Standing out from the crowd
We don’t all have to do stand-up comedy to stand out, but humour in the right way and at certain moments can be helpful in getting noticed among the reams of applications and potential candidates for jobs. Humour can convey some of our personality and show others our human side – something that can warm others to us and be an attractive quality when ‘selling’ ourselves to potential employers.
When humour can help (and when it can’t)
In applications, humour can be appropriate, just avoid too many exclamation marks!!!! It doesn’t make a joke funnier, or even funny!!!! It will make you stand out but not necessarily in a good way!!!! You get my point. Subtlety is the key. And don’t replace the important stuff with something that you think is funny, unless you are actually applying for a position as an in-house comedian.
Humour can diffuse tense situations. When we are nervous or anxious it can paradoxically be better to outright name it rather than try to cover it up where we may find ourselves fluffing things up further. Nerves are normal, expected, and others relate to them. I was delivering a presentation recently and injected some self-deprecating humour by sharing that I had visions of tripping up and making a fool of myself, which not only eased my own nerves but also related to a particular point I was making in the talk. So, when situations feel tense and to convey messages in a memorable way, humour works.
It is easy to make ourselves the centre of a joke, more dangerous when we direct that humour towards another. Interestingly, females have been shown to use more self-deprecating humour than males. It’s important not to take this too far though: we don’t want to completely denigrate ourselves to the point when others start to think that we are incompetent! Striking the balance is important; emphasising our skills and qualities whilst not taking ourselves or life too seriously.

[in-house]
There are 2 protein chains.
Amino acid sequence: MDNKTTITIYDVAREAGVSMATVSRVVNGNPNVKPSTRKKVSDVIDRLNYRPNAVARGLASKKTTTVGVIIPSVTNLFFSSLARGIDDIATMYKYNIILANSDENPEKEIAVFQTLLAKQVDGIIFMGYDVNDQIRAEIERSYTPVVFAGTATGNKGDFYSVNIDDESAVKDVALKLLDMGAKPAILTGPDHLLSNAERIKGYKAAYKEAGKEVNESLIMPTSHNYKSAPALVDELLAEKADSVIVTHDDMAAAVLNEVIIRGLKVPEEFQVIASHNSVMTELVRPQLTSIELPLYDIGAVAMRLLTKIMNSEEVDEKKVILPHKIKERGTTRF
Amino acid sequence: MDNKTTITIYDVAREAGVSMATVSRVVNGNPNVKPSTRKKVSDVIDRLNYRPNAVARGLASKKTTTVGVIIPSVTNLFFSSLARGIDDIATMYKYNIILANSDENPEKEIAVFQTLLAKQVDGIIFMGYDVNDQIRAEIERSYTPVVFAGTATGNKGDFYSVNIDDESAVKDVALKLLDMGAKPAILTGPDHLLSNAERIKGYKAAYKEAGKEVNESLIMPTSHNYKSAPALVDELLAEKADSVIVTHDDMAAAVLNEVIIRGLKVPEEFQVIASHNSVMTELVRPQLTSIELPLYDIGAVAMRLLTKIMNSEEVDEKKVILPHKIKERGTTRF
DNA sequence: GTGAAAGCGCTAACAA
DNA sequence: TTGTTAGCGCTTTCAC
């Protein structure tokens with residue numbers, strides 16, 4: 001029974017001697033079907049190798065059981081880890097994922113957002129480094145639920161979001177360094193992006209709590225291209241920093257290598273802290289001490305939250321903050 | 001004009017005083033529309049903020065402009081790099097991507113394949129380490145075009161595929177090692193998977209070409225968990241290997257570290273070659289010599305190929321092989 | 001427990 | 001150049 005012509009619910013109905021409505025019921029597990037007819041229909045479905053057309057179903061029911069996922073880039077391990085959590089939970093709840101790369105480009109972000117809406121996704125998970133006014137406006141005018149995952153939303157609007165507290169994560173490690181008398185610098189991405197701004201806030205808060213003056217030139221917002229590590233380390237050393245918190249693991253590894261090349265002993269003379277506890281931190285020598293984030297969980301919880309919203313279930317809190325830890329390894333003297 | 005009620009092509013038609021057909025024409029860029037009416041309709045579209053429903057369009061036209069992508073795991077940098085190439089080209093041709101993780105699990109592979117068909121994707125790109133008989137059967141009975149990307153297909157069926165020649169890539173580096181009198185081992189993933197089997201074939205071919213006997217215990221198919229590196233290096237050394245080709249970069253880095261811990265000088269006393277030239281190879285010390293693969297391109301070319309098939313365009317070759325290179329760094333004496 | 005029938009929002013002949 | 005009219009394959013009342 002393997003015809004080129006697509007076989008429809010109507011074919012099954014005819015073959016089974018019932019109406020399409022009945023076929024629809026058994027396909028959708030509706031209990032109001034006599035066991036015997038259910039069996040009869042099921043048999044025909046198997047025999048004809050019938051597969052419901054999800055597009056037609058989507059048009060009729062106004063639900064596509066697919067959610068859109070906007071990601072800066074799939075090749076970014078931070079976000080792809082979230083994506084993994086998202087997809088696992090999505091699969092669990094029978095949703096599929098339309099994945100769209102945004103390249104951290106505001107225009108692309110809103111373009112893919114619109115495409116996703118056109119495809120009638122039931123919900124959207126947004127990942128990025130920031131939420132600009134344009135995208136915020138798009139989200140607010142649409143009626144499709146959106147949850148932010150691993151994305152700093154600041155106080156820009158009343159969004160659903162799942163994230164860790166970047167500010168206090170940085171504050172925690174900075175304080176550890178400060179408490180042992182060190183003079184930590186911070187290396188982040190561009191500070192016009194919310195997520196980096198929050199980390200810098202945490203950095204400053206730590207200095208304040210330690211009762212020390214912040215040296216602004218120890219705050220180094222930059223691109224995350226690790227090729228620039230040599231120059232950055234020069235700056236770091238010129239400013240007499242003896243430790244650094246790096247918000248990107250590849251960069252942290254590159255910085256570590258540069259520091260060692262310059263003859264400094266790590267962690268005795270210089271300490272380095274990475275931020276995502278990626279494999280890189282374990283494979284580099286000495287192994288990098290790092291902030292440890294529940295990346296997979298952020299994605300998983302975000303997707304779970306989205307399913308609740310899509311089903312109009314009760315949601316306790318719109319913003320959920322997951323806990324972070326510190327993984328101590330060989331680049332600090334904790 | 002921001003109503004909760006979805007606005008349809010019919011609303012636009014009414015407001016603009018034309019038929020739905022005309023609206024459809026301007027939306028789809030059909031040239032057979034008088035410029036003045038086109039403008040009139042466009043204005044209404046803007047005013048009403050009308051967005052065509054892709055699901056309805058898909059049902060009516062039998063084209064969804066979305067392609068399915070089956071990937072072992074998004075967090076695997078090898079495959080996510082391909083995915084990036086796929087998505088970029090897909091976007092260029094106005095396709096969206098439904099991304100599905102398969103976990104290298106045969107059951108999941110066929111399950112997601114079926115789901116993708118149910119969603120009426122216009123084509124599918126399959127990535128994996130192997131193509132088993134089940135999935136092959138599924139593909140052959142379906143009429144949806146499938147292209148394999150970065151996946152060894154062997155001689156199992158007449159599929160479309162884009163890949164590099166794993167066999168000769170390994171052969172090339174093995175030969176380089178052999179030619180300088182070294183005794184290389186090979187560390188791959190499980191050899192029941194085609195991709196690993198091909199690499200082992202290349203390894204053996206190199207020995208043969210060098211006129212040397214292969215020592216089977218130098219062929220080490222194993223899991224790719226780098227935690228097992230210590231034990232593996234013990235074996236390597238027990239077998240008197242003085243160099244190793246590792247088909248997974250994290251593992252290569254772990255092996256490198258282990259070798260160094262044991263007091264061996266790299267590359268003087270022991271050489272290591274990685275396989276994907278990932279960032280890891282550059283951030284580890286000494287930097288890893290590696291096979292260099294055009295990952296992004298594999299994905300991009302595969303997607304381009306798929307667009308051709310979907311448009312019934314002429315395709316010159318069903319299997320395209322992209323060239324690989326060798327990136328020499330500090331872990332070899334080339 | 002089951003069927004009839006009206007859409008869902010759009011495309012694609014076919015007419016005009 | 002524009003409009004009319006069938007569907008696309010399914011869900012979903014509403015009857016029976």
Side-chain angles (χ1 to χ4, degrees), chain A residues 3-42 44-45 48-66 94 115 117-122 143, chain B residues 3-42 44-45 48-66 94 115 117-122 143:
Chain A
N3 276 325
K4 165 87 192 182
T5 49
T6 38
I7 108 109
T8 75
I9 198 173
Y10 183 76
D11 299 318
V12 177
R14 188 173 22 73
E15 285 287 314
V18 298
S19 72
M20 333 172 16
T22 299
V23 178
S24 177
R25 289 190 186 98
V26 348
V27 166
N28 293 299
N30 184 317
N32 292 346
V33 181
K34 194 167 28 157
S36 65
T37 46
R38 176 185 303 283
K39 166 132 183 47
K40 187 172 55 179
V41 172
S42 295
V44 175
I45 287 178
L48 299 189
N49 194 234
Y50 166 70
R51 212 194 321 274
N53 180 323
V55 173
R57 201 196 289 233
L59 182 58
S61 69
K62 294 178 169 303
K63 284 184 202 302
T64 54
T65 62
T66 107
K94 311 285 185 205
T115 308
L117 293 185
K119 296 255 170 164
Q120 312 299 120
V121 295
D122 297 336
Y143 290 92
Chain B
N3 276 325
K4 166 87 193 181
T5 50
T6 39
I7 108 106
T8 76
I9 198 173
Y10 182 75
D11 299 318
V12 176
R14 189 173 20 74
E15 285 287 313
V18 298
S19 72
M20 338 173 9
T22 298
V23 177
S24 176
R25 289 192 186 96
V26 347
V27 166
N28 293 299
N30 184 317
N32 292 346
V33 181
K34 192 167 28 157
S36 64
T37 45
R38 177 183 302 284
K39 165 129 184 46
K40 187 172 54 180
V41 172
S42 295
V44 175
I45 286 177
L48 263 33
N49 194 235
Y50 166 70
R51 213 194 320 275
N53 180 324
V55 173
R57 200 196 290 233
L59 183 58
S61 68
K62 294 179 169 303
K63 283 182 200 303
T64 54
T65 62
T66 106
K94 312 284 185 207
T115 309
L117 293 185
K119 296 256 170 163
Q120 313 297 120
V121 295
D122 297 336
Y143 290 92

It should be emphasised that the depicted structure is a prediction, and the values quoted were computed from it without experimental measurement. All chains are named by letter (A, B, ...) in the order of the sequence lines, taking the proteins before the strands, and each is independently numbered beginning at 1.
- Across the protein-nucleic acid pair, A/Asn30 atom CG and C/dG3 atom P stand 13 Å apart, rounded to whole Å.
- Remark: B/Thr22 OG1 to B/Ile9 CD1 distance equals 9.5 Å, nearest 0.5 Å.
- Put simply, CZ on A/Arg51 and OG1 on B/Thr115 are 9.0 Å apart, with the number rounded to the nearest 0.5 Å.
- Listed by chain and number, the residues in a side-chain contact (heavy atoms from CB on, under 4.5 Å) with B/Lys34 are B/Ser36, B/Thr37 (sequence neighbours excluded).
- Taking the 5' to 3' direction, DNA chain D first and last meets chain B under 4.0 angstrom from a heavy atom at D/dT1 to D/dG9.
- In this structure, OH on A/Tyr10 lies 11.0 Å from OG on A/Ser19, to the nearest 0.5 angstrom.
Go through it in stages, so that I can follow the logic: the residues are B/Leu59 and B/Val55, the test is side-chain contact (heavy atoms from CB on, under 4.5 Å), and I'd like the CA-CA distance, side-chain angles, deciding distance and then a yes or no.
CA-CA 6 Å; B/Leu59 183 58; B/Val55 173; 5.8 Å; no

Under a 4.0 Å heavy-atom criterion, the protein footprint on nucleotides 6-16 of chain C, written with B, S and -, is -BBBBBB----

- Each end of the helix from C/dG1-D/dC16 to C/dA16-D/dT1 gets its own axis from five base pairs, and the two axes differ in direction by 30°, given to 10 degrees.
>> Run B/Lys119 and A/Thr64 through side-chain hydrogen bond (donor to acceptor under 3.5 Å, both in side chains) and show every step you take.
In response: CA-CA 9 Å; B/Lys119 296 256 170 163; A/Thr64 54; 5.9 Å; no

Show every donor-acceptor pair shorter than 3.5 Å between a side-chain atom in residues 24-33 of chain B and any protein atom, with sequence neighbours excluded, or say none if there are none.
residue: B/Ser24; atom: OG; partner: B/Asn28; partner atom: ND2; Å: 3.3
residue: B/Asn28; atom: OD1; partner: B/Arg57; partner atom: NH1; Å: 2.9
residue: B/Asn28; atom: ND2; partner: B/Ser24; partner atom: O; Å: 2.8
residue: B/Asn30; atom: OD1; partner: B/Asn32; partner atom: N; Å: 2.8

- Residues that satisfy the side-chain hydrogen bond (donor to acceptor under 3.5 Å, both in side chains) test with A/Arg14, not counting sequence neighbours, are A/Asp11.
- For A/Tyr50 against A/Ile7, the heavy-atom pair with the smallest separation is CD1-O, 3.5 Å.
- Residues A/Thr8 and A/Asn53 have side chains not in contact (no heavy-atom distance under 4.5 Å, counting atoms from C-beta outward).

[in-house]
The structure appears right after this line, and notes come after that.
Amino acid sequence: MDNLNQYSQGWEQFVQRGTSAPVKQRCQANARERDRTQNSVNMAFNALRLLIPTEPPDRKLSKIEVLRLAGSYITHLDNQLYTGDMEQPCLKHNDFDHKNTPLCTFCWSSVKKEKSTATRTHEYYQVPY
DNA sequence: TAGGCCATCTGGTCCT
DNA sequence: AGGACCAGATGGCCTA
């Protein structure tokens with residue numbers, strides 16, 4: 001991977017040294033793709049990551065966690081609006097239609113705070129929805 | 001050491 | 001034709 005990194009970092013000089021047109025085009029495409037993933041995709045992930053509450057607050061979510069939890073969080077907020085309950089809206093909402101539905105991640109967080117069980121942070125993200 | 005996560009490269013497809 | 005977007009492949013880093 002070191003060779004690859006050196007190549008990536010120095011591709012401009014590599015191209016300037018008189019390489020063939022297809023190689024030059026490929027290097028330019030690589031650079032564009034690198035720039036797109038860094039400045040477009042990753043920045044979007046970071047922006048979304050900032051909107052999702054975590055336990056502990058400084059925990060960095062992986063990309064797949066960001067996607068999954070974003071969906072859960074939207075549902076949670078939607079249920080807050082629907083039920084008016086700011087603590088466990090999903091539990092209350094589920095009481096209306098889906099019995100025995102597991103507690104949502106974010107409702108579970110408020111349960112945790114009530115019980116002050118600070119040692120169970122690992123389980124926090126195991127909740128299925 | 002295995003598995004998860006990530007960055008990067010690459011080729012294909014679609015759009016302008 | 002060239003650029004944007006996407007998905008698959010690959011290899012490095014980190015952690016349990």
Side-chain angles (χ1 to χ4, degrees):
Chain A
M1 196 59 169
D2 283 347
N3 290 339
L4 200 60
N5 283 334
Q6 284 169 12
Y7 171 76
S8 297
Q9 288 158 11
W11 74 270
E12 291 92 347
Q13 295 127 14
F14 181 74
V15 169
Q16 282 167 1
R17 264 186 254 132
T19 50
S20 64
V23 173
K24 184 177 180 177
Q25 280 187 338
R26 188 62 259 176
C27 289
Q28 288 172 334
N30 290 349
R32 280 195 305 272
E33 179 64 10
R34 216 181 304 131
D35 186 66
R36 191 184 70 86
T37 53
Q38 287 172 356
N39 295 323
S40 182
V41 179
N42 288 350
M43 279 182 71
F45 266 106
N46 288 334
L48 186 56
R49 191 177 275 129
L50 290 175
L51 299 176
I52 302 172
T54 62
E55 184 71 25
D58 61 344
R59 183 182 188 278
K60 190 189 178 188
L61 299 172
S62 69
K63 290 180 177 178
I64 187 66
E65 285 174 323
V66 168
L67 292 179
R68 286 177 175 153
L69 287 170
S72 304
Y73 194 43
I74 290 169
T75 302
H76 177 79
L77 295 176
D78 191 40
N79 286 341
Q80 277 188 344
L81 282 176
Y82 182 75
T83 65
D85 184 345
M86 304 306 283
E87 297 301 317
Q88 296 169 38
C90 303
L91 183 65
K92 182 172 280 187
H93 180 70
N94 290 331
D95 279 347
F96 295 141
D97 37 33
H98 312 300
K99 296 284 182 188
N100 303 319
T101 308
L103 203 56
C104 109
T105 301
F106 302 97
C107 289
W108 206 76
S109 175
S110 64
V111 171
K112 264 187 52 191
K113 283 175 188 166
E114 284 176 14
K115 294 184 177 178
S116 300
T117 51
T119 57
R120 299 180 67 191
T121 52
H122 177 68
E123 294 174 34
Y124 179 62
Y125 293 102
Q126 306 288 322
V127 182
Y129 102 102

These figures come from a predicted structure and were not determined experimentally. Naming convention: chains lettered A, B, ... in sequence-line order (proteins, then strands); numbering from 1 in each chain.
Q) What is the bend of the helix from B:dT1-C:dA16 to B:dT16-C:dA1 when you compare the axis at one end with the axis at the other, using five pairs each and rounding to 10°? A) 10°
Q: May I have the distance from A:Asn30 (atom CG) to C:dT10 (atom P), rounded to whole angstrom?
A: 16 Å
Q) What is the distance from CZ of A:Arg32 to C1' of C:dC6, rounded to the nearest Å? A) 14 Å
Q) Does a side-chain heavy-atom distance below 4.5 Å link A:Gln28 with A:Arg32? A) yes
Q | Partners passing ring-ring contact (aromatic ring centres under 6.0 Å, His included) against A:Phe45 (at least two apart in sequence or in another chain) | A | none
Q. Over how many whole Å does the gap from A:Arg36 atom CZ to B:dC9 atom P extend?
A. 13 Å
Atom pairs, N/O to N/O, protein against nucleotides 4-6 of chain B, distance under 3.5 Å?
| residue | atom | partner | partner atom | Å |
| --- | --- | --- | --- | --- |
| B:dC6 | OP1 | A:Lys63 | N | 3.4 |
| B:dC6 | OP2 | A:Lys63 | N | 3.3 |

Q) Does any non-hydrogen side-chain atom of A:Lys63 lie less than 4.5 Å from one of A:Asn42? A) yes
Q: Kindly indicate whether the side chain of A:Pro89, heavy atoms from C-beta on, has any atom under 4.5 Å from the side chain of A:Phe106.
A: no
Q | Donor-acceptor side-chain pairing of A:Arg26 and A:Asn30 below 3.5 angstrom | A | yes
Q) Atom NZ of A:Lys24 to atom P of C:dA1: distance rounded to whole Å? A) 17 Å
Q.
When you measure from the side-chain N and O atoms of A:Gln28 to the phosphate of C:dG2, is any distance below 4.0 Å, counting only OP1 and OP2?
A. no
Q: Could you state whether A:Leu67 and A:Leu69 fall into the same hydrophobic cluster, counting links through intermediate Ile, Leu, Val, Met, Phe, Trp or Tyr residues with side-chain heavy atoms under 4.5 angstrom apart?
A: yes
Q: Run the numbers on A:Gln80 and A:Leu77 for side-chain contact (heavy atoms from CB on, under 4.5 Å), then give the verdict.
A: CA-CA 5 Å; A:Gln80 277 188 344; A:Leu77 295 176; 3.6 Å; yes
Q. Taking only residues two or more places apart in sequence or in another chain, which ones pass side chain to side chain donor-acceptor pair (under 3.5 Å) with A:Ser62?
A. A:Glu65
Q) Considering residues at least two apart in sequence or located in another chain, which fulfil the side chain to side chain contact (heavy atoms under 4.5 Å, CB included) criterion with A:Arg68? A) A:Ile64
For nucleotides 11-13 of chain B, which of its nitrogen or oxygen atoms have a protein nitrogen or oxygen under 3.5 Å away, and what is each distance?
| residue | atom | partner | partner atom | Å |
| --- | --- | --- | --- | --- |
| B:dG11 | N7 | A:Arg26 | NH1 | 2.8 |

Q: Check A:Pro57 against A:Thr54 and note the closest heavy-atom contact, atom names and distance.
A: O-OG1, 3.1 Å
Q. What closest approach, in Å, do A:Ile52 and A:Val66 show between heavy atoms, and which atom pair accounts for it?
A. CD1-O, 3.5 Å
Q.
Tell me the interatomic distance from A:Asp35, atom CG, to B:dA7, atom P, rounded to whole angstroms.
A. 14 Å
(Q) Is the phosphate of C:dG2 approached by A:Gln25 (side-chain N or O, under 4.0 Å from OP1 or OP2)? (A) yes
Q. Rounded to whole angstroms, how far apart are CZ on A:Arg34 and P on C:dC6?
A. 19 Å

Laughing and making jokes about others can serve various functions: forming alliances; affirming ourselves (‘Gosh isn’t the boss awful! Aren’t we all wonderful people though; we’d never do such a thing…’); checking out on some level how our beliefs and actions align with those of others. Care must be taken, especially when we are in situations where we are under judgement (i.e. applications, interviews), in not taking a joke too far. If others see us joking about another person, it could be construed as belittling or, at worst, bullying.
Men are stereotyped as being funnier than women. Whilst discussion of this is beyond this blog, what is interesting is the confidence that goes with telling a joke. There is evidence to suggest that what makes something funny can be helped along by assertively telling a joke (‘it’s not the joke itself but how you tell it’). I can speak from experience that I am not good at this. I get punch-lines wrong all the time. But then this itself can be funny, and again we’re back to self-deprecation and not taking yourself too seriously…
So, a sprinkling of humour can be helpful to get you noticed and convey your human side and this can also apply in job-seeking situations. But be careful how you use it. Putting your old boss down is unlikely to make a potential new boss take you on. Maybe the safest target of jokes is yourself, or a confidently expressed joke away from potential controversy. Just take care not to laugh yourself out of a job by making yourself out to be One Big Joke.
Share your comments and feedback